Last week, on Tuesday and Wednesday afternoons, lithe, athletic figures could be seen on the ends of long lanyards over the South Boston Waterfront. They pirouetted, swung outward in widening loops, and generally capered to and fro over their reflections on the black glass façade of developer Joseph Fallon’s 100 Northern Avenue building. It was the world renowned vertical dance troupe, “BANDALOOP”, who were preparing for the building’s Grand Opening on Thursday, June 9.
It was 48 hours before the formal Grand Opening of 100 Northern Avenue on Thursday, June 9, at 5 p.m. Figures scurried back and forth, erecting a reception tent, placing chairs for the invited guests, and discussing last-minute touches to the 100 Northern Avenue interior. Fallon’s latest building is sited on a northwesterly corner, in the right angle formed by the intersection of Northern Avenue and newly laid Pier Four Boulevard – one block to the harbor side of Seaport Boulevard.
The 100 Northern Avenue building is an arresting structure, with a hugely imposing entrance. It is a 17-story, black glass monolith that vividly reflects the clouds, while stamping itself as a home to professional pursuits. This building marks one end of Joe Fallon’s entire development – the view down Northern Avenue and ending at Fan Pier is indeed striking. There are now five Fallon buildings on the 20-acre property he has been developing. Taken together, they constitute the “first-out-of-the-gate” urban neighborhood to become a permanent feature of the South Boston Seaport District.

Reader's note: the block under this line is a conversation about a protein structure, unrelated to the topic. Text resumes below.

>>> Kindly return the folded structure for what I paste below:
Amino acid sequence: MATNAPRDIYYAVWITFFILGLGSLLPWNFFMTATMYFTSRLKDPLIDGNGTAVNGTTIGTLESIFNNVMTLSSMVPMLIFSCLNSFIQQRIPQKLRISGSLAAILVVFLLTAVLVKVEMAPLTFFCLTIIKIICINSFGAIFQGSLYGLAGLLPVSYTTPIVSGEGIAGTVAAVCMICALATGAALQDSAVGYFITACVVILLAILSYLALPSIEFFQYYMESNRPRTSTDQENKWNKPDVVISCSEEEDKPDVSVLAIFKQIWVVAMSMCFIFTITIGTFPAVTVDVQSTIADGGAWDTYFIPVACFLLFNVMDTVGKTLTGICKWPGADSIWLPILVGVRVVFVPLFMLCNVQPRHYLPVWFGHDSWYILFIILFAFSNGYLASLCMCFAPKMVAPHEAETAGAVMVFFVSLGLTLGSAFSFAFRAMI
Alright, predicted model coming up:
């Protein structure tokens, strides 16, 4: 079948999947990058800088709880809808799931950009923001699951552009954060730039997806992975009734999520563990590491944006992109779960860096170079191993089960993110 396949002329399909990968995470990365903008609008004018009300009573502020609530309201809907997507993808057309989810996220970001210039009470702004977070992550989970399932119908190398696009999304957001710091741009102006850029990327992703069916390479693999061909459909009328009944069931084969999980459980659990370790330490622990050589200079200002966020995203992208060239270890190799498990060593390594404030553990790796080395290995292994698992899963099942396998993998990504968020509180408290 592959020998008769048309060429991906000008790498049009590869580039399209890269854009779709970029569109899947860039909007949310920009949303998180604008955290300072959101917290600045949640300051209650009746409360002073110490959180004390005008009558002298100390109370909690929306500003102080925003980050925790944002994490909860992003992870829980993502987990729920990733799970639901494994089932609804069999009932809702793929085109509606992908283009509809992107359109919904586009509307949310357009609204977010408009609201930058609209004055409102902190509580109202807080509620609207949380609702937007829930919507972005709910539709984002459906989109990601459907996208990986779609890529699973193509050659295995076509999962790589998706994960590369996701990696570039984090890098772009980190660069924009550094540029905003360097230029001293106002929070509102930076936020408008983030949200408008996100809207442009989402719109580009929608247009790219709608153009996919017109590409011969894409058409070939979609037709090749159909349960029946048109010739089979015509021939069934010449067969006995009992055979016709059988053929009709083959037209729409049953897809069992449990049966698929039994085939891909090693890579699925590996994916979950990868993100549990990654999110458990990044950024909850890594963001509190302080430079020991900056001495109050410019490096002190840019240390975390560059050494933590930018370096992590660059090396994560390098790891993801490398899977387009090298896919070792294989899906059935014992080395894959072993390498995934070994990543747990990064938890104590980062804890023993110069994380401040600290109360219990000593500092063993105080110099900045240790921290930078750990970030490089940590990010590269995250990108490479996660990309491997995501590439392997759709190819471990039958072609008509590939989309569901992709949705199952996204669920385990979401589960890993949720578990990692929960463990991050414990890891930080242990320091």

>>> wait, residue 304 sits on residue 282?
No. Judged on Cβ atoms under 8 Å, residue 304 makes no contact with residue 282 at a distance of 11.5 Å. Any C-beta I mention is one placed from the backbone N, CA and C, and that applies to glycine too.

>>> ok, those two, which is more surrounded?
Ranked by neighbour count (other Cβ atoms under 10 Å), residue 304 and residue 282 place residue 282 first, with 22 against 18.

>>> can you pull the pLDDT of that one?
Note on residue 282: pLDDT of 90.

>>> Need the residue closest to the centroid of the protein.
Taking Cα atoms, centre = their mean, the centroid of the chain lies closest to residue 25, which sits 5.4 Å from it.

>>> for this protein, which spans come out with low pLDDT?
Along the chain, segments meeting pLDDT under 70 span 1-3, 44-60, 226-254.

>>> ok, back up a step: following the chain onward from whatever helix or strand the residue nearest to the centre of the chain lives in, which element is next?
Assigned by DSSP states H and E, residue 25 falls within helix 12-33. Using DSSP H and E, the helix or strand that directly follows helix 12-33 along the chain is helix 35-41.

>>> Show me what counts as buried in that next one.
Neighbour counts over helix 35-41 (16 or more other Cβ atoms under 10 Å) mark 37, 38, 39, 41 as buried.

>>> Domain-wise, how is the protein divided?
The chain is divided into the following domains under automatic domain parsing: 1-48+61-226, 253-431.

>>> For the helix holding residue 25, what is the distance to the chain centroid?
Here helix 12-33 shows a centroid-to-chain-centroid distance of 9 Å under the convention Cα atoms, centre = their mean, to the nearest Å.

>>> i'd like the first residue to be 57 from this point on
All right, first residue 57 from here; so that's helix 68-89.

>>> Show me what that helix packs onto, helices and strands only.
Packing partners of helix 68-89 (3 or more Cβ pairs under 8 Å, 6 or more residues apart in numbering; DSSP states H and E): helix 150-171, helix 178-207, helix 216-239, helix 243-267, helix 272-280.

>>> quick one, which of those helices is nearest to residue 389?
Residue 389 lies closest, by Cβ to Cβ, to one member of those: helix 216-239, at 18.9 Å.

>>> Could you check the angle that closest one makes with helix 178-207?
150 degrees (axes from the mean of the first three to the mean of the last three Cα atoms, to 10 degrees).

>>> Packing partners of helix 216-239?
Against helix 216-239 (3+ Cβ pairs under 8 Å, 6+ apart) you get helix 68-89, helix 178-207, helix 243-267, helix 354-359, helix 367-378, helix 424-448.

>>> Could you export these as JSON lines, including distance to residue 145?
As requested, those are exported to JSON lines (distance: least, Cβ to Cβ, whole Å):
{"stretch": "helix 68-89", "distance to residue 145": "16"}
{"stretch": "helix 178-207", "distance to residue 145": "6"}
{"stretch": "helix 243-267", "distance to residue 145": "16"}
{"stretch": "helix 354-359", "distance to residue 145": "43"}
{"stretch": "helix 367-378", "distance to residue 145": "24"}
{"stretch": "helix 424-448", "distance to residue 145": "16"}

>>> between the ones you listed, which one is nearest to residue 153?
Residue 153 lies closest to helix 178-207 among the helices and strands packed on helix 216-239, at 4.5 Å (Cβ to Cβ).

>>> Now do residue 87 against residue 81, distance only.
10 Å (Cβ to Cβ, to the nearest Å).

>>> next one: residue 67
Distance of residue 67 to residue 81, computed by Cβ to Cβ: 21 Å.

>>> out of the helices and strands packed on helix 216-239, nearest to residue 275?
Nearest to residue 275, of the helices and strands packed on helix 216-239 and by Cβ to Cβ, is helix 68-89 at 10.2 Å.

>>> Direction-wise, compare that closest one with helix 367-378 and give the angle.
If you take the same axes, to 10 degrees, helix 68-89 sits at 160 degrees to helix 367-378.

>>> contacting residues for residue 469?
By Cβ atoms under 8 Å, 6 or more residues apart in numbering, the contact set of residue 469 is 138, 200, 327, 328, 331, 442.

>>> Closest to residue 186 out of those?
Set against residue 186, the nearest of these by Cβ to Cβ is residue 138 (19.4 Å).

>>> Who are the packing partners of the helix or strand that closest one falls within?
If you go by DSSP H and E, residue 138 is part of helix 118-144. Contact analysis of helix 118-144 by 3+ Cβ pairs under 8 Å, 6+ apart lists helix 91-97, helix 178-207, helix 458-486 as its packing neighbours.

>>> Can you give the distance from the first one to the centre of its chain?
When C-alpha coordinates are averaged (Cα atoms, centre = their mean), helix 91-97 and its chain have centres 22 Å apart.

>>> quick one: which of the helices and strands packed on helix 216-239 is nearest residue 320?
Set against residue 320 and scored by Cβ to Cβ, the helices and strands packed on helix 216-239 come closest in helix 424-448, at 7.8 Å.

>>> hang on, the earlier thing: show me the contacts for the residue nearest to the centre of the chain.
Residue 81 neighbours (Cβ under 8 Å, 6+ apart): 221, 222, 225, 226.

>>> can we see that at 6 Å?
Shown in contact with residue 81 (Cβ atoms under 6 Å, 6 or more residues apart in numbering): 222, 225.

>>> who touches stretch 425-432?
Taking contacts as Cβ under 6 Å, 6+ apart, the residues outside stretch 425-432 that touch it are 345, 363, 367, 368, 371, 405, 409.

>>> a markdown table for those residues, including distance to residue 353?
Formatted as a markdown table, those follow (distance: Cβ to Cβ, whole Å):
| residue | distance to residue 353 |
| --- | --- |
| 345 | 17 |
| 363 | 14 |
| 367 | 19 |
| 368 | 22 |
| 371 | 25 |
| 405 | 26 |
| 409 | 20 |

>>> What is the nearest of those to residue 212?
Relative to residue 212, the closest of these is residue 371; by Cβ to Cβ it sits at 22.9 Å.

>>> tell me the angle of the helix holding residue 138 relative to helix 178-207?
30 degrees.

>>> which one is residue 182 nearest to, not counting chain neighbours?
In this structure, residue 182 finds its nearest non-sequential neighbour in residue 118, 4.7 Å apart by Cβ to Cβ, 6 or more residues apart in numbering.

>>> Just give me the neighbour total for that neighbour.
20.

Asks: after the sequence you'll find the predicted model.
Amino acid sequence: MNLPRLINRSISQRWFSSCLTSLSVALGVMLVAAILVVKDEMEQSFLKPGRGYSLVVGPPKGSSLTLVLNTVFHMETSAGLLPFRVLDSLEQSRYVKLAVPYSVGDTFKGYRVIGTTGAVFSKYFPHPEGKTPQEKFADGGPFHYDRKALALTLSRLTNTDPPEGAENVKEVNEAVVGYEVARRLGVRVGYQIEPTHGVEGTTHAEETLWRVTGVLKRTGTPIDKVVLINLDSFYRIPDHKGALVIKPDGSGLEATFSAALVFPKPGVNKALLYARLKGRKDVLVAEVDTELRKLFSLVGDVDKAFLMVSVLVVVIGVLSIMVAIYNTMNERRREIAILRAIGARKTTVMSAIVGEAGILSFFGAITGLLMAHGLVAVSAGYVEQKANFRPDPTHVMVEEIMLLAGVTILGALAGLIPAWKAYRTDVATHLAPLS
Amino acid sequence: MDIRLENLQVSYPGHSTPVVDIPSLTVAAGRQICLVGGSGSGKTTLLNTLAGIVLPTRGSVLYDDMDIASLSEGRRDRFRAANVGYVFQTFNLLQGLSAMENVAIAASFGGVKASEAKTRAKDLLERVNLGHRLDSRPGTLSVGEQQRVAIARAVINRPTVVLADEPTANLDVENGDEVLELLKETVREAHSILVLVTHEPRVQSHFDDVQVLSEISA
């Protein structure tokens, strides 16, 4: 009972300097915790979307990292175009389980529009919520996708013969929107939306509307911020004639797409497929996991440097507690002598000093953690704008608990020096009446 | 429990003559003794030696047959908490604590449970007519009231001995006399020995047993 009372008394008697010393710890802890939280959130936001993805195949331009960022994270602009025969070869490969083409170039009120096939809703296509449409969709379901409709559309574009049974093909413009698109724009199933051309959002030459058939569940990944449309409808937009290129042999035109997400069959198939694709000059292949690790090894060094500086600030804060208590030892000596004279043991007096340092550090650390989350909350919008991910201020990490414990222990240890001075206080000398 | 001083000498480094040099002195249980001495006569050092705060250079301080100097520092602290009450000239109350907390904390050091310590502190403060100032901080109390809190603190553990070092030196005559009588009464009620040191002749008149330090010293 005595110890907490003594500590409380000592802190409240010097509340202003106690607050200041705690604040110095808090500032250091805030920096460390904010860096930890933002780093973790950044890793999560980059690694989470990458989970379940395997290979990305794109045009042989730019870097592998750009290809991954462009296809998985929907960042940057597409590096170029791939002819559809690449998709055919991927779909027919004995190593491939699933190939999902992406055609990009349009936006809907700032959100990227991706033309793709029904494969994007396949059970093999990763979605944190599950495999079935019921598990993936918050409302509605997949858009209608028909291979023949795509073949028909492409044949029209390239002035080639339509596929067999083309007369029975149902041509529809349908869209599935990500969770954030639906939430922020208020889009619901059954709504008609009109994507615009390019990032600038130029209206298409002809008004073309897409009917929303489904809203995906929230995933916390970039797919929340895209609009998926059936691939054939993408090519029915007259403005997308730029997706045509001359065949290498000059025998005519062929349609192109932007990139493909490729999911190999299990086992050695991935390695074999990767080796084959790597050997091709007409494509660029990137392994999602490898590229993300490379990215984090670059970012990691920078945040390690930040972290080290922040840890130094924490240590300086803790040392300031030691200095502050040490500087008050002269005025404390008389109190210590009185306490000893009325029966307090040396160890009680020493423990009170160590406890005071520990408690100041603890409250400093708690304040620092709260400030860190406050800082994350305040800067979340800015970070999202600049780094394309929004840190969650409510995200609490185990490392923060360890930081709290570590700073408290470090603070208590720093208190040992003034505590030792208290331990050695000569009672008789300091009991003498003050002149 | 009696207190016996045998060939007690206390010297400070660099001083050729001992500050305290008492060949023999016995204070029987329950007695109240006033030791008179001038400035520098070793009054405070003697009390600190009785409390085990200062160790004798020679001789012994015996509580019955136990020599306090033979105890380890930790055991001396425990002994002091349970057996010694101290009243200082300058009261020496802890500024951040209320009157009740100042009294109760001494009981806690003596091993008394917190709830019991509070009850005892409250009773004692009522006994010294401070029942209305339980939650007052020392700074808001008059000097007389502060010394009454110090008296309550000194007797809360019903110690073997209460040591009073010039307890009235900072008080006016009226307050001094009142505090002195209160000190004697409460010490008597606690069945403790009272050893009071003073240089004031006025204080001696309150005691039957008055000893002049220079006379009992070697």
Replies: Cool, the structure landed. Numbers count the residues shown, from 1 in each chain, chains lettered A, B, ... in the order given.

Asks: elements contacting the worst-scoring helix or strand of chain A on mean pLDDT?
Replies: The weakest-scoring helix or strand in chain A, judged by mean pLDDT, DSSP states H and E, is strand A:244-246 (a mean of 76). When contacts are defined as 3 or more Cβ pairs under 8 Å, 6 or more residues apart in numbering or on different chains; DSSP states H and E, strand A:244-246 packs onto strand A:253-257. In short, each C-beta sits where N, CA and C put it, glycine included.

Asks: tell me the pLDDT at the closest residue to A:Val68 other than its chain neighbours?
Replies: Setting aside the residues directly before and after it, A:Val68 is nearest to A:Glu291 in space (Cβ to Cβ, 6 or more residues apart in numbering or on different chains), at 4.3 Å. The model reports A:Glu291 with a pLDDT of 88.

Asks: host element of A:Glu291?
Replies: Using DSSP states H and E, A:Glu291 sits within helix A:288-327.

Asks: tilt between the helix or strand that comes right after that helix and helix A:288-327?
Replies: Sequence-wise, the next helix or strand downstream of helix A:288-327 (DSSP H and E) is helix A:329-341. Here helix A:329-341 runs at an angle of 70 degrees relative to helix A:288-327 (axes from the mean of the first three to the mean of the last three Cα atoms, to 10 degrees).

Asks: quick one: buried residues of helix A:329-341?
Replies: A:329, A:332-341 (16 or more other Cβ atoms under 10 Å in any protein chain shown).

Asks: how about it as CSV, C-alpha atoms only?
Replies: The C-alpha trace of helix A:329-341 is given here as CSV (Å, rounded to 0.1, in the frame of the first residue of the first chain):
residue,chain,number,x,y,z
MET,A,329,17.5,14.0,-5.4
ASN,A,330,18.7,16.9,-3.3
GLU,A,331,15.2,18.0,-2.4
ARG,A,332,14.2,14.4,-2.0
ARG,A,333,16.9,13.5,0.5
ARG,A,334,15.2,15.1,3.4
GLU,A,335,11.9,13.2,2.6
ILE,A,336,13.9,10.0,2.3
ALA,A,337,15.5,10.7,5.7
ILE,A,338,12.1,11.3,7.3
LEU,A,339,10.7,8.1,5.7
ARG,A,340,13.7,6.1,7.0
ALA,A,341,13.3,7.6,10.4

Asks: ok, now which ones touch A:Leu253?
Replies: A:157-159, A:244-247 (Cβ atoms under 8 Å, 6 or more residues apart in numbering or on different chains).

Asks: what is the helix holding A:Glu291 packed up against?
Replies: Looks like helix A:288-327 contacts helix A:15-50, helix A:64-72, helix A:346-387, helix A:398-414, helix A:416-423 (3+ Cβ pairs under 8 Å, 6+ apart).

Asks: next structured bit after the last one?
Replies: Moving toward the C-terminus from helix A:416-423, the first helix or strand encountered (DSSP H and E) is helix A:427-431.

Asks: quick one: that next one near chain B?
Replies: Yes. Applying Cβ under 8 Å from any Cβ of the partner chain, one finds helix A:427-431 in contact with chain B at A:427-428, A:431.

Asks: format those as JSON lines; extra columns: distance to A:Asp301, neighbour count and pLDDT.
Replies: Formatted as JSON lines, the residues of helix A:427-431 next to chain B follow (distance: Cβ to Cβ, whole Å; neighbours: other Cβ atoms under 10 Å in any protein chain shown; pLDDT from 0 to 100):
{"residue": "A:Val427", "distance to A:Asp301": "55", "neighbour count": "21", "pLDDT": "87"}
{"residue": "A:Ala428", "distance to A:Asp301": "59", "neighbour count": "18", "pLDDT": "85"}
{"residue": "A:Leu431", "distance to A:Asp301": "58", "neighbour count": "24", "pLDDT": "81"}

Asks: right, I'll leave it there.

Their key tenant, now that 100 Northern Avenue has officially opened, is Goodwin Procter LLP, a 900-lawyer firm practicing in some 50 legal areas. Boston is the location of Goodwin Procter’s original office; they now have 10 offices that include three global locations – Hong Kong, Frankfurt, and London. Before 100 Northern Avenue, their Boston office had been located in Exchange Place.
The most eye-catching event at the Grand Opening of 100 Northern Avenue was the vertical dance troupe called “BANDALOOP”. BANDALOOP danced their graceful and fascinating routines on the black glass facade on the Building’s west side. Describing this sight only with words is difficult; the media advisories about BANDALOOP call their art “pioneering”. Well, it certainly is. And the reflections of the dancers on the 100 Northern Avenue facade doubled the effect of their vertical moves.